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11th Summer Science Institute attracts largest group to date

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NORTH NEWTON, KAN. – Bethel College’s Summer Science Institute (SSI) celebrated its 11th birthday with its highest enrollment ever.

The 2010 group numbered 34, double the highest previous enrollment, said Dwight Krehbiel, Bethel College professor of psychology and institute co-director.

Krehbiel cited a number of reasons for the jump in enrollment. “This was the second year of a fee of only $50 [per student] because of subsidies from STEM [science, technology, pre-engineering, mathematics] alumni,” he said. “There’s word of mouth getting out about what a good value this is. Our office of admissions has been more systematic in promoting Summer Science Institute. It’s hard to say for sure what’s tipping the balance.”

One thing that contributed to the good numbers was the participation of 13 Upward Bound Math Science (UBMS) students from the program at Wichita State University.

“Our UBMS program [made] a campus visit at Bethel College in 2008 with a few of our local students,” said Julie Scott, curriculum coordinator for the UBMS Regional Center at WSU. “We were so impressed by the experience that we brought all 50 of them back that summer for a second visit. At these early visits, we met both [Professor of Biology and SSI Co-Director] Jon Piper and Dwight Krehbiel, who we felt went above and beyond what we had experienced at campus visits to other universities. [They] designed a visit specific to our students’ interests in science and even conducted science experiments with them to demonstrate what types of labs they would get to do at the collegiate level.”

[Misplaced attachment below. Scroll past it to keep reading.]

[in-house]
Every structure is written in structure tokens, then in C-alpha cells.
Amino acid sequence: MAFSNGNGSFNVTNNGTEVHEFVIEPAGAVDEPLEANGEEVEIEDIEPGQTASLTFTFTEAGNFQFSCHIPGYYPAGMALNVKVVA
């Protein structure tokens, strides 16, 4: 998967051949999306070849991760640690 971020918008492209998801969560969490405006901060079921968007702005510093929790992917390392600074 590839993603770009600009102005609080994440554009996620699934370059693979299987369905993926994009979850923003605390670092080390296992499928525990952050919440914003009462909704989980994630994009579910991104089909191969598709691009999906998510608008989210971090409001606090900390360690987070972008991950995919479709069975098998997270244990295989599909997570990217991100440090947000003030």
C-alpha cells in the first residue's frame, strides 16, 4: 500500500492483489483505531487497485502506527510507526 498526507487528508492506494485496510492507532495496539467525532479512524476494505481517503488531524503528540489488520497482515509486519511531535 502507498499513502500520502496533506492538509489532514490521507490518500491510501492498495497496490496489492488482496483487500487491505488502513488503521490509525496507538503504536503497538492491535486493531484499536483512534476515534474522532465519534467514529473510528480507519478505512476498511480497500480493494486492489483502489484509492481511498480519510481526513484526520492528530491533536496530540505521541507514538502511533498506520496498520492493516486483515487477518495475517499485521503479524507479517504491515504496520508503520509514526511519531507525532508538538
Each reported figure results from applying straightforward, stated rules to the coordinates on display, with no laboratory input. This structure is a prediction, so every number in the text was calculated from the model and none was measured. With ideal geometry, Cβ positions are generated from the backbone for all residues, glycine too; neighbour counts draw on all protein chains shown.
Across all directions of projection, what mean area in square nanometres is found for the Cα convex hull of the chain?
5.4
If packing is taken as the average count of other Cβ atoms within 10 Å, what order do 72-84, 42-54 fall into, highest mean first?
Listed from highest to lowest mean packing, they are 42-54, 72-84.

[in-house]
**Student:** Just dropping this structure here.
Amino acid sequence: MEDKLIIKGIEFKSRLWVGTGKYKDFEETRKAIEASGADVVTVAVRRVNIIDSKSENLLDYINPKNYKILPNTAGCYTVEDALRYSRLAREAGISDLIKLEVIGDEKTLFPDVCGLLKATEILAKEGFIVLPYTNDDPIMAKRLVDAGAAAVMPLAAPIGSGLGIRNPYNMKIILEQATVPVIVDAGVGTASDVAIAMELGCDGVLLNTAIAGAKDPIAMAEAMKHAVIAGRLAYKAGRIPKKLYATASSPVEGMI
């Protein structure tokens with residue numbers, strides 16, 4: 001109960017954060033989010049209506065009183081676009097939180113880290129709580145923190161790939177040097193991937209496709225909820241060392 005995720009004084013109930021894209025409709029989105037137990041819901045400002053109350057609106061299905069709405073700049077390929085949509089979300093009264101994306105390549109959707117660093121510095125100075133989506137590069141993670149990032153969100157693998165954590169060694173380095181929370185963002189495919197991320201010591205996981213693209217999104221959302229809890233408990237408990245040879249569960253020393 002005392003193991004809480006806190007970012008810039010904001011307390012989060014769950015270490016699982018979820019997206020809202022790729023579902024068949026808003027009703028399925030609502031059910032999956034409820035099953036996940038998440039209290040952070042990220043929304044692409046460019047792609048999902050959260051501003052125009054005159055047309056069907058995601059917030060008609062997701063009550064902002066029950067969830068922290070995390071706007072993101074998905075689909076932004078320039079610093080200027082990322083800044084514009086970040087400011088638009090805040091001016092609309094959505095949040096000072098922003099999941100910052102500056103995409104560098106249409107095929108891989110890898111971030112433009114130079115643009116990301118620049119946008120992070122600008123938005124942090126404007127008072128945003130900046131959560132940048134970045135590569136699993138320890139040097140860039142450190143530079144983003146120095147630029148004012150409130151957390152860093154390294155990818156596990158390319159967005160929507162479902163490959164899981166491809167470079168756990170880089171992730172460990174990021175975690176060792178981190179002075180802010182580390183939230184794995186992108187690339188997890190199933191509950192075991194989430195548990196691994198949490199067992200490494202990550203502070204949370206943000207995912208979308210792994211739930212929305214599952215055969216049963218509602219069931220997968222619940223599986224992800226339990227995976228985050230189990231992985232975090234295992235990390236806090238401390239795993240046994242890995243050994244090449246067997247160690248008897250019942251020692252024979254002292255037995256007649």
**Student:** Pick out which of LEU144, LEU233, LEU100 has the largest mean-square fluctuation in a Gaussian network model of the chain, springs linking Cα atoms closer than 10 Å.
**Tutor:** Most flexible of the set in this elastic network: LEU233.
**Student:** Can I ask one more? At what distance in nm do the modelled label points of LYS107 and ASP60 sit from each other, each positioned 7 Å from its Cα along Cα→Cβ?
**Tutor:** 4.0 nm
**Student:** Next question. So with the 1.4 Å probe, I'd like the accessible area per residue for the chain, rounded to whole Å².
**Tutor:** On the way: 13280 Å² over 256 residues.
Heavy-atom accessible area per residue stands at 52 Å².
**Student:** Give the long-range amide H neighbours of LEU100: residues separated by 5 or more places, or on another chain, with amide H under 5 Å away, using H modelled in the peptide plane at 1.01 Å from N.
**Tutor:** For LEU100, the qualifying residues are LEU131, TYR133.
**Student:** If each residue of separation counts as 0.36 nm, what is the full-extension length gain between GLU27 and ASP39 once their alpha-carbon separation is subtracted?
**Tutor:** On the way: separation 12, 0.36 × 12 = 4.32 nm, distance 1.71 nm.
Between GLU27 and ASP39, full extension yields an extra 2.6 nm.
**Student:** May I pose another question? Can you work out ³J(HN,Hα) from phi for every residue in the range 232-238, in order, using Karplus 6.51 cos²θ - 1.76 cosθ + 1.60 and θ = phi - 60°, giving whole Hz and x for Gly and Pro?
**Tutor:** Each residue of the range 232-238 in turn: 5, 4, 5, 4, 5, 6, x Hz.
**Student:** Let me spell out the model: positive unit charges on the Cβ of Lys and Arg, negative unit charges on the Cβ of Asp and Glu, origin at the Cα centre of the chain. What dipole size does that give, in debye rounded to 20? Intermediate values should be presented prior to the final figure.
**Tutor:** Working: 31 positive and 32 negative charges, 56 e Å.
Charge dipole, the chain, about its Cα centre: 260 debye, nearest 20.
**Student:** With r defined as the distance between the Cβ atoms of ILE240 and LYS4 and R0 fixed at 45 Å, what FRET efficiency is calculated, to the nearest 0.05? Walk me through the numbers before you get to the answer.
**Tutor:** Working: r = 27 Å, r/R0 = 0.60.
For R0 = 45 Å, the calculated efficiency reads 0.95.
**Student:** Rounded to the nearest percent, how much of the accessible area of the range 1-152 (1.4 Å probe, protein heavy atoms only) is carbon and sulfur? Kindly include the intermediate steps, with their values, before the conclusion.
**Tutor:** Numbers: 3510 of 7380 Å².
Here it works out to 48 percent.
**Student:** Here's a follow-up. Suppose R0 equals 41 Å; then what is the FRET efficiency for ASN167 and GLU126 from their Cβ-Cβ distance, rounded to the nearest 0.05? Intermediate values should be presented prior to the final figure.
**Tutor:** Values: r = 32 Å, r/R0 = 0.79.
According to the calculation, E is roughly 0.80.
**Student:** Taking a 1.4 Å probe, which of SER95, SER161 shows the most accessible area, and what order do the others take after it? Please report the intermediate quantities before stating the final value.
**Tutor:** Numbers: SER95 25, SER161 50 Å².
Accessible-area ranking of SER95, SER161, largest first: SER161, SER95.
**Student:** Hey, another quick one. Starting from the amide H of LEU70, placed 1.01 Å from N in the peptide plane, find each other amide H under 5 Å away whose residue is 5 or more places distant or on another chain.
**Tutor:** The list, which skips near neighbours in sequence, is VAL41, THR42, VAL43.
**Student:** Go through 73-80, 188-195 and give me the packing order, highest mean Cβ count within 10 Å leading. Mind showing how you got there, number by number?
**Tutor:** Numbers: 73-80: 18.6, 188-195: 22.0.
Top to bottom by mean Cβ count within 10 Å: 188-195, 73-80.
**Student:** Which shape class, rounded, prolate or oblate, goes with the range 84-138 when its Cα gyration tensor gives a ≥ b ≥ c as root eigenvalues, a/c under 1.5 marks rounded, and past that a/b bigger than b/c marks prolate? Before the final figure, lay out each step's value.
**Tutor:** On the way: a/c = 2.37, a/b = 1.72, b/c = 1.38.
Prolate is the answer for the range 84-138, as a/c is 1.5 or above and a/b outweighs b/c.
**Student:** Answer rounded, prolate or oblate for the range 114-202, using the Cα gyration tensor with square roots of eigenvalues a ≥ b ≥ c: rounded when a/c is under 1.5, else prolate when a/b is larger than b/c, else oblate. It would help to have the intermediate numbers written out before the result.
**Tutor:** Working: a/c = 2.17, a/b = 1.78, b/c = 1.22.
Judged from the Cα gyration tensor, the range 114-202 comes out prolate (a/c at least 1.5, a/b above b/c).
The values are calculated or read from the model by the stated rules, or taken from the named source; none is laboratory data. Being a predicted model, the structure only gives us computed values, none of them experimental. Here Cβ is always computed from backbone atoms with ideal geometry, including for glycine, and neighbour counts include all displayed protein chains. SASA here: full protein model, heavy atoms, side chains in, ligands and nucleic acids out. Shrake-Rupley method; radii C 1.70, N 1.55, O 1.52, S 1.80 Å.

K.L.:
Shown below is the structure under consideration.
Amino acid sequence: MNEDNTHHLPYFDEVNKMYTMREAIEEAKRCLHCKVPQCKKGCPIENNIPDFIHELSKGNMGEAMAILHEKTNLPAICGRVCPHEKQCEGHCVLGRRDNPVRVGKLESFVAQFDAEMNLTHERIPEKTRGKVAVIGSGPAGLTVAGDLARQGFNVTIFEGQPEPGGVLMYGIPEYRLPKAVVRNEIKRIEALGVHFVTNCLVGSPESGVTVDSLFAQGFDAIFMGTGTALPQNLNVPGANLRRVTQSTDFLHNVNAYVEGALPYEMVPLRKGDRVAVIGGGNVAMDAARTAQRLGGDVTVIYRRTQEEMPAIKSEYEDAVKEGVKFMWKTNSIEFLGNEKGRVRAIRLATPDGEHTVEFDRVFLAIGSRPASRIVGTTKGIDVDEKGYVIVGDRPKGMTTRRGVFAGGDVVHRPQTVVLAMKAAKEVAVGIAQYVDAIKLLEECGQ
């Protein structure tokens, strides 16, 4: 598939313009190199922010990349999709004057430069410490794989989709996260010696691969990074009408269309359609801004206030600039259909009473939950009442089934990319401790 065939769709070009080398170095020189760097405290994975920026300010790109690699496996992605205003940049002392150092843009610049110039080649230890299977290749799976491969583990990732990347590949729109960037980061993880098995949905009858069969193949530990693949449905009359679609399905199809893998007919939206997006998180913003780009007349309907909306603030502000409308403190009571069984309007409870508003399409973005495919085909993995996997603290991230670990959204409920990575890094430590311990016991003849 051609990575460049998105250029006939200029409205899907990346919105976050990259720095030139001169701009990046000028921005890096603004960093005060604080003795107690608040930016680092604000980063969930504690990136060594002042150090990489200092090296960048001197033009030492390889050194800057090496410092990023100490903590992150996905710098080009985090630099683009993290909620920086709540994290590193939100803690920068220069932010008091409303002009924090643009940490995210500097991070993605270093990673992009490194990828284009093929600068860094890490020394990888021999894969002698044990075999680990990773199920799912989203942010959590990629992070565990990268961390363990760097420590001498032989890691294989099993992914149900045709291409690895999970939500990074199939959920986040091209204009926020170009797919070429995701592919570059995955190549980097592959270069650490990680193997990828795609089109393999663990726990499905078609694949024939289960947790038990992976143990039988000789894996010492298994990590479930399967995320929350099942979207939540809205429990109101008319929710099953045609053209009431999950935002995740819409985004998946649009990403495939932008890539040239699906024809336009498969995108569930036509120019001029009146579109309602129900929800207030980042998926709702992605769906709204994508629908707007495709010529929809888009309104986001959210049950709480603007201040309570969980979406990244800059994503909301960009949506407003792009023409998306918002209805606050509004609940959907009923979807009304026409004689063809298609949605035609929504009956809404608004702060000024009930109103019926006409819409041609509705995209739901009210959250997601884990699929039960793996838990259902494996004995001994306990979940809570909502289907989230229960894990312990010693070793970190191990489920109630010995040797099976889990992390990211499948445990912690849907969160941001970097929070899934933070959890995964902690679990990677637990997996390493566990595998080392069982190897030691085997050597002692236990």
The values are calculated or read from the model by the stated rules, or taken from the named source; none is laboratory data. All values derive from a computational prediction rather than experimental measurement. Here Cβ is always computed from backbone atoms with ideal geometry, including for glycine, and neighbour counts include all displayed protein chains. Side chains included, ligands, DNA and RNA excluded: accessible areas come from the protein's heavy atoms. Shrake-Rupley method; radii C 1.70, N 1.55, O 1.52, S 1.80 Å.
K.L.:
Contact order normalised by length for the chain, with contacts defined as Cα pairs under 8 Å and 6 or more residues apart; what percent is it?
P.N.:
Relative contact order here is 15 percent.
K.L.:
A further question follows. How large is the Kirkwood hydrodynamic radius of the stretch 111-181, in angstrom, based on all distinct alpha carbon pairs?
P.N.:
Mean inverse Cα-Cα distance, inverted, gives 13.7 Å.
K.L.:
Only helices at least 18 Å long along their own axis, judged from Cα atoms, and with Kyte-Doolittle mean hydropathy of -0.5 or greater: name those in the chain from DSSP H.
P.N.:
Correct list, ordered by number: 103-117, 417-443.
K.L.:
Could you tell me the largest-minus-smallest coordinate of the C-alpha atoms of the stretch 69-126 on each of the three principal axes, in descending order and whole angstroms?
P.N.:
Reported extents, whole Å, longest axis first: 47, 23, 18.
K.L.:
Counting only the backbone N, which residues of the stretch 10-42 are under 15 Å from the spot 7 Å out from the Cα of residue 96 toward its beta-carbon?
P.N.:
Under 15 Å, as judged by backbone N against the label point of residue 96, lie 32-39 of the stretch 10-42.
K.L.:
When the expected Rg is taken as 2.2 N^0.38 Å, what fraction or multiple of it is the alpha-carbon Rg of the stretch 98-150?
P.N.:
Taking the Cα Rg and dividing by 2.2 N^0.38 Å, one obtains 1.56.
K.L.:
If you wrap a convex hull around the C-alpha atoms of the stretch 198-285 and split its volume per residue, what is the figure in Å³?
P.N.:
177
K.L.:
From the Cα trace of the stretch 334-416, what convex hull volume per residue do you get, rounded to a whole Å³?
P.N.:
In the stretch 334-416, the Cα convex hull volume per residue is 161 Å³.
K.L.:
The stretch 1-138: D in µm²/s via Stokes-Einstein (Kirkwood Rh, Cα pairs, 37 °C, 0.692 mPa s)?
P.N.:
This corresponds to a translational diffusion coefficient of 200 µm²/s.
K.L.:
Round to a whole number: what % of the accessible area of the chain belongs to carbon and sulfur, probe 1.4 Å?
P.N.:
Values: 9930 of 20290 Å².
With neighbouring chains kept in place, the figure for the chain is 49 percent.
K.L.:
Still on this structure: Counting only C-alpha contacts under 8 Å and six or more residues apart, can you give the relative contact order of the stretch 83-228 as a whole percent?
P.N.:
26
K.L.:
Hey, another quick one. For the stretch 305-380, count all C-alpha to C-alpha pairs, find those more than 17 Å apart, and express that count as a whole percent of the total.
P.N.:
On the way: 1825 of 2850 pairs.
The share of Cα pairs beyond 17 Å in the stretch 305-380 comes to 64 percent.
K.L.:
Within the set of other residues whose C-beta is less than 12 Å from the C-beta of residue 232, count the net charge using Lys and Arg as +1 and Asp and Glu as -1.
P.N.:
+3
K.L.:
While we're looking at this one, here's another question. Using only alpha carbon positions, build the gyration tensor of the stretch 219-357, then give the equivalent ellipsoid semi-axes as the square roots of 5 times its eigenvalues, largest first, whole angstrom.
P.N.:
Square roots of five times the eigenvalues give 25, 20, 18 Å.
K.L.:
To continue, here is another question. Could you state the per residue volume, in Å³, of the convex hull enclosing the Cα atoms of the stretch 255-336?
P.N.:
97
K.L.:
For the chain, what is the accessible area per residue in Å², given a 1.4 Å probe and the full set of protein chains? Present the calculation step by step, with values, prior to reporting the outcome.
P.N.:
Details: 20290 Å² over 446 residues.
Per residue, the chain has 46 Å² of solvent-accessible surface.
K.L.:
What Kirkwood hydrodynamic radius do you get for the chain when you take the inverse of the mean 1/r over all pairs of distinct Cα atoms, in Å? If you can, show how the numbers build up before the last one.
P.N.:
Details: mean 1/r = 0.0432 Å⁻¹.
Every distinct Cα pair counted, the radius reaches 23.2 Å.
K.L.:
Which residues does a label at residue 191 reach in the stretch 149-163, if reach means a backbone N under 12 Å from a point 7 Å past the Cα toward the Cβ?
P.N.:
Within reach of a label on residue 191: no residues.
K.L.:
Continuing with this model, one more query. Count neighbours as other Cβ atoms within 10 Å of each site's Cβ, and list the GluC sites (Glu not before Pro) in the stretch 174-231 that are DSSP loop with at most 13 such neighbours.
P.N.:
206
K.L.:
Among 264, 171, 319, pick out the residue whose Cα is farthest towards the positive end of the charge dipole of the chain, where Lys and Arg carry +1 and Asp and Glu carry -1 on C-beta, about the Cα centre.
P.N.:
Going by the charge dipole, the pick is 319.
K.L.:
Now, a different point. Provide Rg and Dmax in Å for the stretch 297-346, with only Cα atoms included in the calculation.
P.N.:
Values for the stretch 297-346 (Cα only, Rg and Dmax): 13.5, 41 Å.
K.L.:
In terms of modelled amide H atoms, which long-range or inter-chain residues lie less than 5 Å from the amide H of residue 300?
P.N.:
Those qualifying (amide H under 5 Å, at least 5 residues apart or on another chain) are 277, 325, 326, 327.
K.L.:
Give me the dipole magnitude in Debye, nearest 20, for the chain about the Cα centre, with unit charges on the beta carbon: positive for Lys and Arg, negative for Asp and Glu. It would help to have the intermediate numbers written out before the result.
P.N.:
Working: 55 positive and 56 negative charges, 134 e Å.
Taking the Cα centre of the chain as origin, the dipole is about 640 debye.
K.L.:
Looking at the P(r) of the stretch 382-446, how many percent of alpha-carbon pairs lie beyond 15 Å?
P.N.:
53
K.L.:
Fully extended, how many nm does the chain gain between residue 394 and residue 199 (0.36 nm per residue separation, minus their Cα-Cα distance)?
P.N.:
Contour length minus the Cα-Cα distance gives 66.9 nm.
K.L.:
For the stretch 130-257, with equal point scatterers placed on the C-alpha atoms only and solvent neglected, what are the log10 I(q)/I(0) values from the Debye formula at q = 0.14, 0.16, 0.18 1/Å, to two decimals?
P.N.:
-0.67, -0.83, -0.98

Krehbiel also told Scott about the S-STEM grant from the National Science Foundation (at that time under review, and subsequently awarded to Bethel), which provides limited-income and minority students with scholarships to help remove some of the financial barriers they face when pursuing higher education.

“Since UBMS students often fall under at least one of these categories, it seemed like a natural partnership,” Scott continued. “Dwight and Jon continued to maintain contact with us and, along with other faculty members and students, served as volunteer speakers at one of our summer program’s career nights regarding STEM research. In October 2009, they pitched the idea of sending UBMS students to SSI as a [way to give] students an additional science experience and as a recruitment tool for our students to consider applying to Bethel and for the S-STEM Scholarship.”